Now, evidence of that is available just in the recent pages of the Wall Street Journal. It’s important to cite that, because this is publicly available information. And frankly, it’s been out there for some time and we’ve talked about many of these issues already on The Briefing. Jathon Sapsford and Stephanie Armour are the reporters in this article. Just listen to the headline, and understand, it came at just about the same day this judge handed down his decision, just about one day after another, here’s the headline, “U.S. Becomes Transgender-Care Outlier as more in Europe Urge Caution.”

Here’s the bottom line. You have nations in Europe, you have medical associations, medical authorities, medical elites in Europe who are backing off of what had been rather liberal policies and rules when it came to the transgender question and teenagers in those countries. We’ve talked about Tavistock, that is the clinic in the United Kingdom where these transgender treatments have been pioneered for many teenagers. The British government became so concerned about the impact on the health, medical and psychological health of teenagers that the site has been shut down.

Sapsford and Armour get right to the point in the lead sentence of their article when they write, “The US is becoming an outlier among many Western nations in the way its national medical institutions treat children suffering from distress over gender identity.” The next sentence, “For years, the American healthcare industry has staunchly defended medical interventions for transgender minor, including puberty blockers, which suppress the physical changes of adolescents as a treatment for those distressed over their gender.”

Listen to this, “The European medical community, by contrast, is expressing doubts about that approach. Having allowed these treatments for years, five countries, the United Kingdom, Sweden, Finland, Norway, and France now urge caution in their use reminders stressing a lack of evidence that the benefits outweigh the risks.”

Now, what makes this so important and the juxtaposition is so urgent when you consider the fact that the judge in Arkansas made an argument that directly is contradictory to this. So even as he says, “Look, the medical evidence is abundantly clear,” you have an international consensus that is developing in the opposite direction. You have the Wall Street Journal, no insignificant newspaper, telling us that it is the United States of America and our medical establishment that is increasingly the outlier on this equation.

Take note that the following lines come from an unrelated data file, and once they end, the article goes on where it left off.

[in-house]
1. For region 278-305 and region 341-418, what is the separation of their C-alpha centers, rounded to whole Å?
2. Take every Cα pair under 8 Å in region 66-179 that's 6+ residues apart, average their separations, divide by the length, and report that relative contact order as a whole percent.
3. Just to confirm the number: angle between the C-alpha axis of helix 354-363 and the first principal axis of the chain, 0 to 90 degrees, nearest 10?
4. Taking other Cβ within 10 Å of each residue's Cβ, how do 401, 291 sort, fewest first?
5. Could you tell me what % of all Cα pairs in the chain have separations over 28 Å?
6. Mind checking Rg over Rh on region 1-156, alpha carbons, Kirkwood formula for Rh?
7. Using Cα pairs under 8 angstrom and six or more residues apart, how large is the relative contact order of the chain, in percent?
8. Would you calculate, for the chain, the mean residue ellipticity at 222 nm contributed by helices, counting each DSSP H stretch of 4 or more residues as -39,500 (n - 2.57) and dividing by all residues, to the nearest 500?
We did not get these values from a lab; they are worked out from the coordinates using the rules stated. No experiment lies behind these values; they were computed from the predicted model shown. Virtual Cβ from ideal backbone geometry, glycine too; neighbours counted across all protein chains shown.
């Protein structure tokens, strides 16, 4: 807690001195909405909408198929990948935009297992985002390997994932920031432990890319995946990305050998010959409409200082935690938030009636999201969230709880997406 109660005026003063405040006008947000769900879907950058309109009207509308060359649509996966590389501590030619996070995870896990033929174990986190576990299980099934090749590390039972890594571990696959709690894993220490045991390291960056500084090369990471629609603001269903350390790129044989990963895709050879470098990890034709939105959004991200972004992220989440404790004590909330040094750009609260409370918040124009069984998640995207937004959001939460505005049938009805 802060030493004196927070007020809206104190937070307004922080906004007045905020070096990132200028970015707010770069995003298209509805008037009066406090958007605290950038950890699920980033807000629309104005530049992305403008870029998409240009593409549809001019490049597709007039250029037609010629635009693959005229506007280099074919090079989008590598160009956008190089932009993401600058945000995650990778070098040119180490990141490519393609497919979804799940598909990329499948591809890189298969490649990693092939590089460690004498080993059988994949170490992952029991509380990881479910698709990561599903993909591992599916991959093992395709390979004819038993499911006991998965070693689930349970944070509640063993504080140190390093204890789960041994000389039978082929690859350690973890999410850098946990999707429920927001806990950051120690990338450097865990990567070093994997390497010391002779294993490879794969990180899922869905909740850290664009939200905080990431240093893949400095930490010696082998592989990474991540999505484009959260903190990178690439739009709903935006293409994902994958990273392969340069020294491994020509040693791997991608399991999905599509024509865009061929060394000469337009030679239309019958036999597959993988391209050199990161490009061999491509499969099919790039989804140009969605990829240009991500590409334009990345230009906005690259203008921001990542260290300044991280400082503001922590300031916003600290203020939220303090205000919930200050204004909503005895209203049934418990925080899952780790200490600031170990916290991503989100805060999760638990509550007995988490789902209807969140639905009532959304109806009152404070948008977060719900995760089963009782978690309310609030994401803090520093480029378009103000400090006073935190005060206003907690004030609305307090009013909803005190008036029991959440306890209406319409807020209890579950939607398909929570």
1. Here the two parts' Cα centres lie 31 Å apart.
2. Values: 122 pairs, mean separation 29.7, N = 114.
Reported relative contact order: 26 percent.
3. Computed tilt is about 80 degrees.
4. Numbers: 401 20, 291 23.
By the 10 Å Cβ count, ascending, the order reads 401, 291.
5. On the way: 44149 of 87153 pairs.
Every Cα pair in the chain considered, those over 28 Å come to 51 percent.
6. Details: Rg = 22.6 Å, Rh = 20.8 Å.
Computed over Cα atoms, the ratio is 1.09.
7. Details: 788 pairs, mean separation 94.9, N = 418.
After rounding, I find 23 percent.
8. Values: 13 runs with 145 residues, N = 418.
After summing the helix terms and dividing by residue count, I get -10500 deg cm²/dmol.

You wouldn’t have a clue of that reading that federal district court judge’s opinion in Arkansas. There are still some Western countries that allow the use of puberty blockers in adolescents, and that would include Canada, Spain, and Australia, but as the Journal tells us, some in those countries are also urging a rollback on that policy. The Italian Psychoanalytic Society wrote a public letter to the Italian prime minister just months ago expressing what the society called serious concerns over the use of puberty blockers.

There’s another sentence in this article in the Wall Street Journal, a secular newspaper writing with secular authority, here, it’s not claiming anything other than a secular rationale, but notice the clarity of this sentence. “The U.S. medical community hasn’t wavered in its support for medical interventions and continues to recommend puberty blockers and hormones for minors as a clinical option. Unlike the concerns expressed by many authorities in Europe, U.S. medical associations often treat the science behind such medical interventions as settled.”

Two big problems here. Number one, we need to recognize that when we are talking about the medical associations or societies or frankly, any interest group like that, we have to understand that they are inherently and inescapably political. And there was no greater demonstration of this than in the early 1970s when both the American Psychiatric Association, that’s medical doctors, and the American Psychological Association within just months of each other reversed, and I don’t mean changed, I mean reversed their understanding of homosexuality. Not because of medical evidence, but because of political pressure, and all of that is very well documented. Those who brought the political pressure, quite successfully, celebrated and advertised exactly how they brought it about. So that’s the first thing we need to keep in mind.